Take the time to immerse yourself in the places you visit
If you want to take the time to admire the landscapes, but also soak up the culture, food and traditions of Croatia, then a cruise along the shores of the Adriatic and around the islands is for you. Sylviane de Tracy, research and development director for PONANT cruises, shares her travel highlights.
Explore the island of Hvar by Beetle
The island of Hvar has so many beautiful things to see, and they’re just waiting to be revealed on a Croatian cruise. “An original way to see the island is in an old, refurbished Beetle car,” says Sylviane de Tracy. “It’s a really lovely way to see the little villages and the historic port of Stari Grad.” The best way to soak up the local atmosphere is to stop for a drink on the terrace of a local café in Stari Grad, a town founded in 380 BC, famous for its stone houses and narrow winding cobbled streets. Or you can enjoy a tour of the town of Hvar, whose historic centre and steep narrow streets – a legacy of its Venetian past – are overlooked by a medieval fortress offering a breathtaking view of the town and the sea. The little medieval villages, such as Vrboska with its canals and stone bridges, and Dol, with its medieval churches and traditional stone houses, can also be visited, but take your time! Finally, the lavender fields around Jelsa or the famous vineyards of Hvar are great for relaxing walks.
Crossing the threshold of the mansions of the Gods and Emperors
Venetians, Romans, Byzantines, and Ottomans have all left their mark on the Croatian architectural landscape. So, keep your eyes peeled and stop to admire the architectural eclecticism of Croatia. Dubrovnik and Split are listed as UNESCO World Heritage sites, particularly for their wealth of remarkable buildings. In the capital, you can visit the Rector’s Palace, the cathedral and Stradun or Placa, the city’s main street. In Split, the Temple of Jupiter, Diocletian’s Palace, and the cathedral deserve to be studied at your leisure. With its similarity to Venice and colourful facades, the authentic city of Rovinj, known as the “Pearl of Istria,” is also worth a visit, especially to enjoy the splendid panoramic view from the top of the campanile of St. Euphemia Church. “The architecture of Croatia is very well preserved,” says Sylviane de Tracy. “The Croatians took great care when restoring towns, villages and ports to preserve the original architecture, there are no big advertising hoardings to disfigure the sites.“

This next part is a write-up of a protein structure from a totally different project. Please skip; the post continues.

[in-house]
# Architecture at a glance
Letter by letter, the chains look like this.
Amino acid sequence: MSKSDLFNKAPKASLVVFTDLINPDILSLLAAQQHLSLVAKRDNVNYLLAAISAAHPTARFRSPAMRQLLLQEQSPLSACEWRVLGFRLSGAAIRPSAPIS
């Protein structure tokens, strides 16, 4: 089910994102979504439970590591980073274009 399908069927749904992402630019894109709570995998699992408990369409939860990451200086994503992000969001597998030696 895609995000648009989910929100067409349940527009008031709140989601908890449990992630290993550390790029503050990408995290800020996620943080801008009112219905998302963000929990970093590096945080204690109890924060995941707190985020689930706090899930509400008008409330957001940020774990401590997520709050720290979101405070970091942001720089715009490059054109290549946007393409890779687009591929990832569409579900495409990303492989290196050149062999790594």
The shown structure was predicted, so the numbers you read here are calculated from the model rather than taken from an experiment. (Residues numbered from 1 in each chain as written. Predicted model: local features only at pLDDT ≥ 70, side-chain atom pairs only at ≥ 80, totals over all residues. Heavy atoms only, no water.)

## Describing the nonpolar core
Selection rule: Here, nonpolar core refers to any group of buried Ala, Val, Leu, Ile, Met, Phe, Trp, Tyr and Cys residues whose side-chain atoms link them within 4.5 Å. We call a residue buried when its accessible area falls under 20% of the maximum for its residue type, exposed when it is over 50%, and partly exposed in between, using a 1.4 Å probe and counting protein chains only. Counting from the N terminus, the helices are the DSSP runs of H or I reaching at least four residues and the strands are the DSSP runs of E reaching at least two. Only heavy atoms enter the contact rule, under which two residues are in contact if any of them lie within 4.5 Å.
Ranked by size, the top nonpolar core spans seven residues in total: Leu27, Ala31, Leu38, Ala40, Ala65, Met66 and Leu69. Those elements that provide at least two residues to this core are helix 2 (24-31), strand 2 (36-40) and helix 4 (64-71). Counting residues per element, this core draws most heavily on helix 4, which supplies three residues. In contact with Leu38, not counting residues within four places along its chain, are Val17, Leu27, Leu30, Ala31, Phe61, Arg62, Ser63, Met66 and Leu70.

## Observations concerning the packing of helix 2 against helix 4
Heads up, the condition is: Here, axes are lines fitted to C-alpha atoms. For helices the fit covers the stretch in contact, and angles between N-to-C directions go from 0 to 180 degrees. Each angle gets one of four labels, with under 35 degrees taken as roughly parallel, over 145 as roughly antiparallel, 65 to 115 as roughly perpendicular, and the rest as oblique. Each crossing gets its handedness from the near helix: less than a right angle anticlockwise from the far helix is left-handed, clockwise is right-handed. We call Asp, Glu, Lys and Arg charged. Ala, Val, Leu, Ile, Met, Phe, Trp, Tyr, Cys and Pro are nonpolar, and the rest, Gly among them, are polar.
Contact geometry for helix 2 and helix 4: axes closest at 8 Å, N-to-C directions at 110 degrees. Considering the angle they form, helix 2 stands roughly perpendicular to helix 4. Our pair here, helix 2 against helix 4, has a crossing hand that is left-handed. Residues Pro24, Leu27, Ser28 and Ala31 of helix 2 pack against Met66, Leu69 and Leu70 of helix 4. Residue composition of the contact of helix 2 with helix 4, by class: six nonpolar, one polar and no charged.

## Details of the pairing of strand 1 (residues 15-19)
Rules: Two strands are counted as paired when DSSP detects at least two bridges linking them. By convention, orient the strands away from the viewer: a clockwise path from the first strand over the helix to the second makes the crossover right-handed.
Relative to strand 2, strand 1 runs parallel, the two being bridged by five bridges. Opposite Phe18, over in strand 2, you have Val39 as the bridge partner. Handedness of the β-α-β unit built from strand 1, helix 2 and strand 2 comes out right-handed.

Trekking to idyllic waterfalls
There’s nothing like walking to take back control of your time… The Krka National Park is a paradise for anyone who wants to reconnect with nature. Travelling to the falls along one of the educational trails offers an opportunity to learn about the animals, plants, and geology of the area, to see the historic watermills, and to admire the waterfalls from different viewpoints. Lookout points also offer a wonderful feast for the eyes. “The park is always very popular, especially because of the waterfalls that provide coolness on hot days,” explains our expert. Swimming has been banned at the Skradinski Buk waterfalls since 2021 for ecological reasons, but you can swim at Roski Slap.”
Enjoying delicious local food at the table of a konoba
Taking the time to learn about the local cuisine, enjoying regional (and seasonal) dishes, is also about taking the time to discover a culture. “You have to try Croatian cuisine, because it’s very refined, combining tradition, local products and culinary imagination,” recommends Sylviane de Tracy. “It is also a country with a famous wine-making tradition.” Enjoying a meal in a konoba, a typical local restaurant, is one of those experiences you simply must try. They usually serve brudet, a stew of fish cooked in white wine, or, more simply, octopus salads and a wide variety of grilled fish (sea bass, mackerel, sea bream…). Carnivores are sure to enjoy peka, one of the country’s traditional dishes, composed of lamb and vegetables cooked under a cast iron lid covered with embers. For a quick snack, the čevapi are perfect: these spicy meatballs are served on pita bread with sauce and onions. Croatia also boasts high-quality local products such as cheeses, truffles, honey, and olive oil (produced mainly in Dalmatia). Finally, the quality and variety of Croatian wine is widely appreciated beyond its borders, with the most famous varieties being the full-bodied red wine plavac mali, mainly produced on the island of Hvar; the fruitier babic, a red wine from Dalmatia; or the fresh and fruity malvazija white wine from Istria.
Photos credits : ©Studio PONANT/ Laurence Fischer / Adrien Morlent / Romain Farge / Emmy Apoux
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